The Boy A Thousand Years Wide is a YA dystopian novel about the battle between angels and demons, heaven and hell, and really, it’s an interesting take on a plot that has been done several times before. Angel/human halfbreeds are highly sought after by the denizens of hell, not just to bolster their own armies, but for a few other pieces of (spoilery) mischief as well. This book tells of Baxter’s journey through finding out that he is one of these halfbreeds, a Watcher, while trying to fight off demons and discover who his angelic father is.
I really wanted to like it, but when it comes down to it, the execution is quite disappointing, and the whole thing is in desperate need of an editor and a thesaurus. A very large portion of the book is dialogue, and while that can be an efficient way of explaining and introducing new things, in this case it’s just tedious. In the first 100 pages, “says” is used almost 400 times, and is usually followed by a full stop. “Shouts” is used over 200 times across the whole book, again almost always followed by a full stop. All of the characters “sound” the same, there is nowhere near enough variation between them, making it impossible to know who is saying what without the handy “[Character] says.” at the end.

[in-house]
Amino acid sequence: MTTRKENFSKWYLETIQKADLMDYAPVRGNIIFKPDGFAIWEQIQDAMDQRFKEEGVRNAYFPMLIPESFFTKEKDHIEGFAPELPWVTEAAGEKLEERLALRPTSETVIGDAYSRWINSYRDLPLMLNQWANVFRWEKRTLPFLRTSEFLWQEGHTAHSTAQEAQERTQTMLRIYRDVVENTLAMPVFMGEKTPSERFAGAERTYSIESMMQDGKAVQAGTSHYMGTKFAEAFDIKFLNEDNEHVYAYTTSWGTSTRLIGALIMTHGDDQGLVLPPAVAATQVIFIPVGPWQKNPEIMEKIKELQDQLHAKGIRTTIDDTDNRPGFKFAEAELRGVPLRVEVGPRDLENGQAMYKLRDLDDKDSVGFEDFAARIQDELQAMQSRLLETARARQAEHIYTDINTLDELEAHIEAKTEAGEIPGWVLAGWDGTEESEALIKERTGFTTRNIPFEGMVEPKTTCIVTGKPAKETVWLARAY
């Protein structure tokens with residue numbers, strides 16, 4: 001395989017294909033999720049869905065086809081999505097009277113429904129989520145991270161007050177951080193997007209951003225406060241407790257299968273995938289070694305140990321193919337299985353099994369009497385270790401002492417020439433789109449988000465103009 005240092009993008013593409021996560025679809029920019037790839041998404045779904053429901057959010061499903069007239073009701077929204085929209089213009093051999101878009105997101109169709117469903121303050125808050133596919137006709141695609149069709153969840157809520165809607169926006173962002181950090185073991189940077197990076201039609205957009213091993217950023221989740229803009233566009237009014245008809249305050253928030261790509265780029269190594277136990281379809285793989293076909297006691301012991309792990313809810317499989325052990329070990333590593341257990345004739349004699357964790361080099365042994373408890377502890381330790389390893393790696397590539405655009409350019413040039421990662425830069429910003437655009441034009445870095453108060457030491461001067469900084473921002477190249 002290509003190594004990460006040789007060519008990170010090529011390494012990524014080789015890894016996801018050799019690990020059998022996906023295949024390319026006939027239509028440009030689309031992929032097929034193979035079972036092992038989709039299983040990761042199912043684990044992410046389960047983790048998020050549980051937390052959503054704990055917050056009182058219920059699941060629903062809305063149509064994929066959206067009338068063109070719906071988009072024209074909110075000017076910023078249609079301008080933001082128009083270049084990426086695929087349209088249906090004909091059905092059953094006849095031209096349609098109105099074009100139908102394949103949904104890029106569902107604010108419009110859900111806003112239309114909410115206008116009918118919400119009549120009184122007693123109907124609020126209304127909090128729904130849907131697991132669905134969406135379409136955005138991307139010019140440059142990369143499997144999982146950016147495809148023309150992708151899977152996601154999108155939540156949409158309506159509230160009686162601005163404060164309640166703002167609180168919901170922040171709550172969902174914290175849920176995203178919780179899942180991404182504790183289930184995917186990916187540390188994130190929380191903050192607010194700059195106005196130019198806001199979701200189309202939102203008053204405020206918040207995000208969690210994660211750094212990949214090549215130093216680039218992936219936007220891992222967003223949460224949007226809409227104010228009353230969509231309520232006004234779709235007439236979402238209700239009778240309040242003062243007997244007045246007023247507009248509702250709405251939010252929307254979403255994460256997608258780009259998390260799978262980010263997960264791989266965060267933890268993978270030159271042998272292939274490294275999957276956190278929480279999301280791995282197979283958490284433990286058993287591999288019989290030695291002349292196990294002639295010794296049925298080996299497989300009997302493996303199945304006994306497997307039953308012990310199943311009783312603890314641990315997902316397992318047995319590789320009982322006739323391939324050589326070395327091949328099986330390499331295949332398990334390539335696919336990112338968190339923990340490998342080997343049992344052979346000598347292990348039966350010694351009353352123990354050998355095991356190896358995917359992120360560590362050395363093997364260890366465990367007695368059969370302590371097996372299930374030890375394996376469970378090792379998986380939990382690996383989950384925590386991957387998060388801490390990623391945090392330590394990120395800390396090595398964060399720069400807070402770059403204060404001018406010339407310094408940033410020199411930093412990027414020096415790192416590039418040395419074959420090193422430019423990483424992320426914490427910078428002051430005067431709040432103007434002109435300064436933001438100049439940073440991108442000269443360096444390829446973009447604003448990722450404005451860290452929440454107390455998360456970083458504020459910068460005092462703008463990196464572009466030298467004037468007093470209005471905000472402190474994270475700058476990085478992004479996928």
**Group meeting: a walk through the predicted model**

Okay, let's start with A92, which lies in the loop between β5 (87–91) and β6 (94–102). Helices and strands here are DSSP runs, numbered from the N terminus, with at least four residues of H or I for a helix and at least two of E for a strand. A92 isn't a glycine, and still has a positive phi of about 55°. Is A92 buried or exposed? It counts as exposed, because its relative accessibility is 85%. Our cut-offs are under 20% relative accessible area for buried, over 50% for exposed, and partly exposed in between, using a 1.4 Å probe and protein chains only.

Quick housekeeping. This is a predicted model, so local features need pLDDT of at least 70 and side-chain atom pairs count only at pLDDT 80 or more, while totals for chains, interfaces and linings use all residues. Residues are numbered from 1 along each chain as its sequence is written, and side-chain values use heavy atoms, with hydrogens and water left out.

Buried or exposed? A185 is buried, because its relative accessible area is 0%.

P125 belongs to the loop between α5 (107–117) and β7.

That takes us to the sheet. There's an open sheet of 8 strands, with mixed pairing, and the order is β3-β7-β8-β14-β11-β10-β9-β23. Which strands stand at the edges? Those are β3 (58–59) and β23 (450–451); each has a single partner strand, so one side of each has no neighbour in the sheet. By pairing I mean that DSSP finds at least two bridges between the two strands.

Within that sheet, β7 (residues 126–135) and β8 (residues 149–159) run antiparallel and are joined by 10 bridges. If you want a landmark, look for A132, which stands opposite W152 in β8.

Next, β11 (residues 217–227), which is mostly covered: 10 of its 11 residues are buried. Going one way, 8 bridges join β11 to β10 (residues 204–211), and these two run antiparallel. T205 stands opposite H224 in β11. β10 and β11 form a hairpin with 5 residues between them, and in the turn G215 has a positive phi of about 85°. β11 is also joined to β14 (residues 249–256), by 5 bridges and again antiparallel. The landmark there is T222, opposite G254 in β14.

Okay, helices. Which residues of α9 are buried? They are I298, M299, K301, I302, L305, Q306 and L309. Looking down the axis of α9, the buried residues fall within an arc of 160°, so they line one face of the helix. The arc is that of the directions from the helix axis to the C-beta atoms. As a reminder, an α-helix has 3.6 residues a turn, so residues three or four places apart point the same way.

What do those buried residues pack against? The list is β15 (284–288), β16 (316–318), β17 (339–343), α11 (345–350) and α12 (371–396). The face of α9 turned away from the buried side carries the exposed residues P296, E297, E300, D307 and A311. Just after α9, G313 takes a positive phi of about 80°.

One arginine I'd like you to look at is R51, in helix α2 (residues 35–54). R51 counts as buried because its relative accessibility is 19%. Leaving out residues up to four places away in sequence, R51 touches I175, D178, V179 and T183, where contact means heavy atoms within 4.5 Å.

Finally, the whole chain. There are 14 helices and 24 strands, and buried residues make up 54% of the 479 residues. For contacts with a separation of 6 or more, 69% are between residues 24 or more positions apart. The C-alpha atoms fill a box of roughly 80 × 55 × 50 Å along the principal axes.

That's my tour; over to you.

I also found it very difficult to engage with any of the characters – not only did they all have almost identical personalities, but they had very little personality at all. At no point was there any reason to care about any of them, especially the protagonist – he was simply another bundle of shouty anger, and if there were any redeeming qualities, I’m afraid that I missed them.
Overall, this book has bland characters, pretty close to awful writing and a rather predictable storyline, and that’s really disappointing.
I received this book in exchange for a review.